“And you’ve brought Thea with you,” Megaira said. “Interesting choice. I’d have thought Langdon or Persephone. Someone on the board. Or…” She glanced at Thea, then turned back to Alecto. “I know you’re hard pressed to retain talent these days, but don’t tell me it’s gotten so bad that the new girl has made it onto the board already.”

“Thea is an Investigator. She headed up the team that discovered the location of your colony,” Alecto said. “I brought her with me because she knows this area now and because, frankly, I thought it would be a good idea to have a witness.”

“And I’m sure the others are busy.” Megaira said. “Has anyone offered you coffee yet?”

“No, but we’re good,” Alecto said.

Megaira gave Thea a slightly impish smile. “Bossy as always, my twin sister, answering for everyone in the room. I bet she orders your dinner later, too. Coffee?”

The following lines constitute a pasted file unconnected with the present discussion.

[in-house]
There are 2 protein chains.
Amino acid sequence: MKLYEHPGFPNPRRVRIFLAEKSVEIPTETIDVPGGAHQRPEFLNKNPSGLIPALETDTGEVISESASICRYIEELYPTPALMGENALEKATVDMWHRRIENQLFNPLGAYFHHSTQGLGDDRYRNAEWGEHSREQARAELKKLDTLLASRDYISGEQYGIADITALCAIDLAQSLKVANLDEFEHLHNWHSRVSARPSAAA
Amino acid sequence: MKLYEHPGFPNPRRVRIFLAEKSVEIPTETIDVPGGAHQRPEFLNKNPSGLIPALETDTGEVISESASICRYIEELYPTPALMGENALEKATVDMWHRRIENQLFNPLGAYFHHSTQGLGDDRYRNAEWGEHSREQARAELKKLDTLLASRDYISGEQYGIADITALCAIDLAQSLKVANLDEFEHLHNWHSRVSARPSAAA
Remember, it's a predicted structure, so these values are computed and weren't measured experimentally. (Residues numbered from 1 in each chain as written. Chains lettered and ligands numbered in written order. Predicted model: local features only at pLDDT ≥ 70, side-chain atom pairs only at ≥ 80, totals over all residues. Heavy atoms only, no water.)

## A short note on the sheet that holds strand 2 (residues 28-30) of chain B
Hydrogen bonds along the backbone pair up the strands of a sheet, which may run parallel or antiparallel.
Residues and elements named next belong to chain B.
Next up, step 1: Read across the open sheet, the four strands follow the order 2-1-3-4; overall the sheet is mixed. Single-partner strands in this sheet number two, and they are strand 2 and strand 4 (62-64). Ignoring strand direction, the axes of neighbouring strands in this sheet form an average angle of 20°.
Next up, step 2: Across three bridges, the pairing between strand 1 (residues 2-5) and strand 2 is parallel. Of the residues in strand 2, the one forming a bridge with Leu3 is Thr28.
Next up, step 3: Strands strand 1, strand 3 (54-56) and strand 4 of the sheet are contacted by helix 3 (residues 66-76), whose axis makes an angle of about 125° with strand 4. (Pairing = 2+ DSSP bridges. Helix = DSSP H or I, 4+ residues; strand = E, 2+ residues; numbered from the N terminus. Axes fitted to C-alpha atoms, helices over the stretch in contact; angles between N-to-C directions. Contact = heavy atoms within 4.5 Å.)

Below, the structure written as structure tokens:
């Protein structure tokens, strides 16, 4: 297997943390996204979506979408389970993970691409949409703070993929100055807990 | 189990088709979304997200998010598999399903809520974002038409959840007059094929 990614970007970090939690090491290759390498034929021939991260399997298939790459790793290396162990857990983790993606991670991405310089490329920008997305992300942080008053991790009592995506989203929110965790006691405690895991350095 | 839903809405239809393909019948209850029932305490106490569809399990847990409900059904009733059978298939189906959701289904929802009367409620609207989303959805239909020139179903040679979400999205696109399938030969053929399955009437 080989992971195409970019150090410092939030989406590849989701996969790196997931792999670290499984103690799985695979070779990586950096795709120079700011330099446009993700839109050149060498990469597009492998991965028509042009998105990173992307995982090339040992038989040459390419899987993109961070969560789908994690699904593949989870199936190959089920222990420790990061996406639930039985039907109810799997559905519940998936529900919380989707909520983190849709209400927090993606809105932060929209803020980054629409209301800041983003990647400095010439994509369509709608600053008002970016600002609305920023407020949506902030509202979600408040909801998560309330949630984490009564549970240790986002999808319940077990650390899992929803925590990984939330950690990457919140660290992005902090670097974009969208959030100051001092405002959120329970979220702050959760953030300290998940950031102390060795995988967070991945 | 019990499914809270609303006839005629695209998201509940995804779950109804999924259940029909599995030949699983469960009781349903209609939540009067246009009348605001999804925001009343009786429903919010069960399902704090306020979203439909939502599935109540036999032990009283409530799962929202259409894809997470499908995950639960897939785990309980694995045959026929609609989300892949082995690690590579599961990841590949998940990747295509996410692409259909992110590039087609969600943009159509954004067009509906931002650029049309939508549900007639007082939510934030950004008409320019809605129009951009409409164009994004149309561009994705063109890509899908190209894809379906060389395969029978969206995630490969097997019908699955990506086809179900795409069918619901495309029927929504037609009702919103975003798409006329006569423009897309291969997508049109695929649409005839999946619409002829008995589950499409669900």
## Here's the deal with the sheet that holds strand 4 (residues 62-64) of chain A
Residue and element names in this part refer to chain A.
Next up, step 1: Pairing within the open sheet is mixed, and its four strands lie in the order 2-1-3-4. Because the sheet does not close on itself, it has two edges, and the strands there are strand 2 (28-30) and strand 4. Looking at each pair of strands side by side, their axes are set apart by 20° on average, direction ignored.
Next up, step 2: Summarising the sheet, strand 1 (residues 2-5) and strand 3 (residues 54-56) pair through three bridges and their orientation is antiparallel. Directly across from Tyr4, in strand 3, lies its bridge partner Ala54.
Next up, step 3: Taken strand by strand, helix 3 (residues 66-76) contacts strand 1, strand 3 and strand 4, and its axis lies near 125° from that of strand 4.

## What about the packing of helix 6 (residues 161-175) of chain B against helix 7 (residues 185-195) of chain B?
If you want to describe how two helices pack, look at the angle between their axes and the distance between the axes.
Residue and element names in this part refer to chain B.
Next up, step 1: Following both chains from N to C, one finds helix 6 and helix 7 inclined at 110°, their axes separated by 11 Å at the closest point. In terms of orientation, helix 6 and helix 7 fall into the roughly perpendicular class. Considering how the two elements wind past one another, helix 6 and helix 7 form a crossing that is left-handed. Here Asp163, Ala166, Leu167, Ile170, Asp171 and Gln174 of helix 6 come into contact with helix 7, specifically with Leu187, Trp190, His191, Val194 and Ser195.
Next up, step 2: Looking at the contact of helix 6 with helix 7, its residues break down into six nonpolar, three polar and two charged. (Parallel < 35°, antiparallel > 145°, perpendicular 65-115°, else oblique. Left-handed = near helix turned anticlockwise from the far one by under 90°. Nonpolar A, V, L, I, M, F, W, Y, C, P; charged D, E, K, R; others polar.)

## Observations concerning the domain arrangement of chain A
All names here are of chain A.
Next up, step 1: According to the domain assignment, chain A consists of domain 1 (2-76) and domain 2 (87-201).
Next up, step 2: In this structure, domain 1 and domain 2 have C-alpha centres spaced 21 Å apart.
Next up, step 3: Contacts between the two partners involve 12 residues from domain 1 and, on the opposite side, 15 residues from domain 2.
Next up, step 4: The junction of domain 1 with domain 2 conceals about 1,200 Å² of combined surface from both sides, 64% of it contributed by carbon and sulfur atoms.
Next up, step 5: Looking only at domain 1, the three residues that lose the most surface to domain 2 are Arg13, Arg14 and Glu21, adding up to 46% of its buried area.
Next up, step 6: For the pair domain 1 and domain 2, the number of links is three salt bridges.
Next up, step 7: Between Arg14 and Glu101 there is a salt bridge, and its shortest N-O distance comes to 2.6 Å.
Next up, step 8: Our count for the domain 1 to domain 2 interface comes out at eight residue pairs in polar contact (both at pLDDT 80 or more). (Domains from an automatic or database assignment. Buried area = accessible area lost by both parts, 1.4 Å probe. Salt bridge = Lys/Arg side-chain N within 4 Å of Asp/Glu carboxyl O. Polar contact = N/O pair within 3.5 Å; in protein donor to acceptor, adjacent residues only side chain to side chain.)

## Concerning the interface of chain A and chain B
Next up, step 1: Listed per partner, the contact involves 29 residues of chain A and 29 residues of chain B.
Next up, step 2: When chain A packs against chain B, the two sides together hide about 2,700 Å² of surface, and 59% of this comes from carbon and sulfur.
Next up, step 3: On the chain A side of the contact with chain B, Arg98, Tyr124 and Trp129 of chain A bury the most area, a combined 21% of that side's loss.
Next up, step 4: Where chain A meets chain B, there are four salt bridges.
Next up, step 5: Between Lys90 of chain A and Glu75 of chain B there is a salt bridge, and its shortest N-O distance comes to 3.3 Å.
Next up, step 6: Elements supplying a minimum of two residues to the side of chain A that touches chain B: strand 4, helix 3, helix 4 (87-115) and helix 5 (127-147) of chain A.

“I’m fine, thank you.”

It was the first time Thea had spoken since they came into the building, she realized. She sat back in her chair, feeling a bit like a little kid waiting for the grownups to finish talking, and wondered how her boss was reacting to this new, less reserved, almost playful Megaira.

Was Alecto shocked? Hurt? Thea had never heard of any bad blood between the sisters until Megaira betrayed the colony, but she knew a little something about simmering resentment between siblings—or in Thea’s case, cousins. A glance at Alecto told her nothing, but then, Alecto’s face rarely did.

“Well,” Megaira said. “Let’s get to it, then. I have a very full day today. What can I help you with?”

“You can stop developing the superhex immediately,” said Alecto. “You can destroy all related resources and data.”

Megaira laughed. “Is that all?”

“No. You can commit, in writing, to never pursuing this avenue of research further, and submit to voluntary random inspections of your premises to ensure compliance with that promise.”

“And why would I do such a thing?”

“Because it’s in the best interest of both our businesses,” Alecto said. “Developing weapons is outside our scope.”

“It’s inside mine, now.”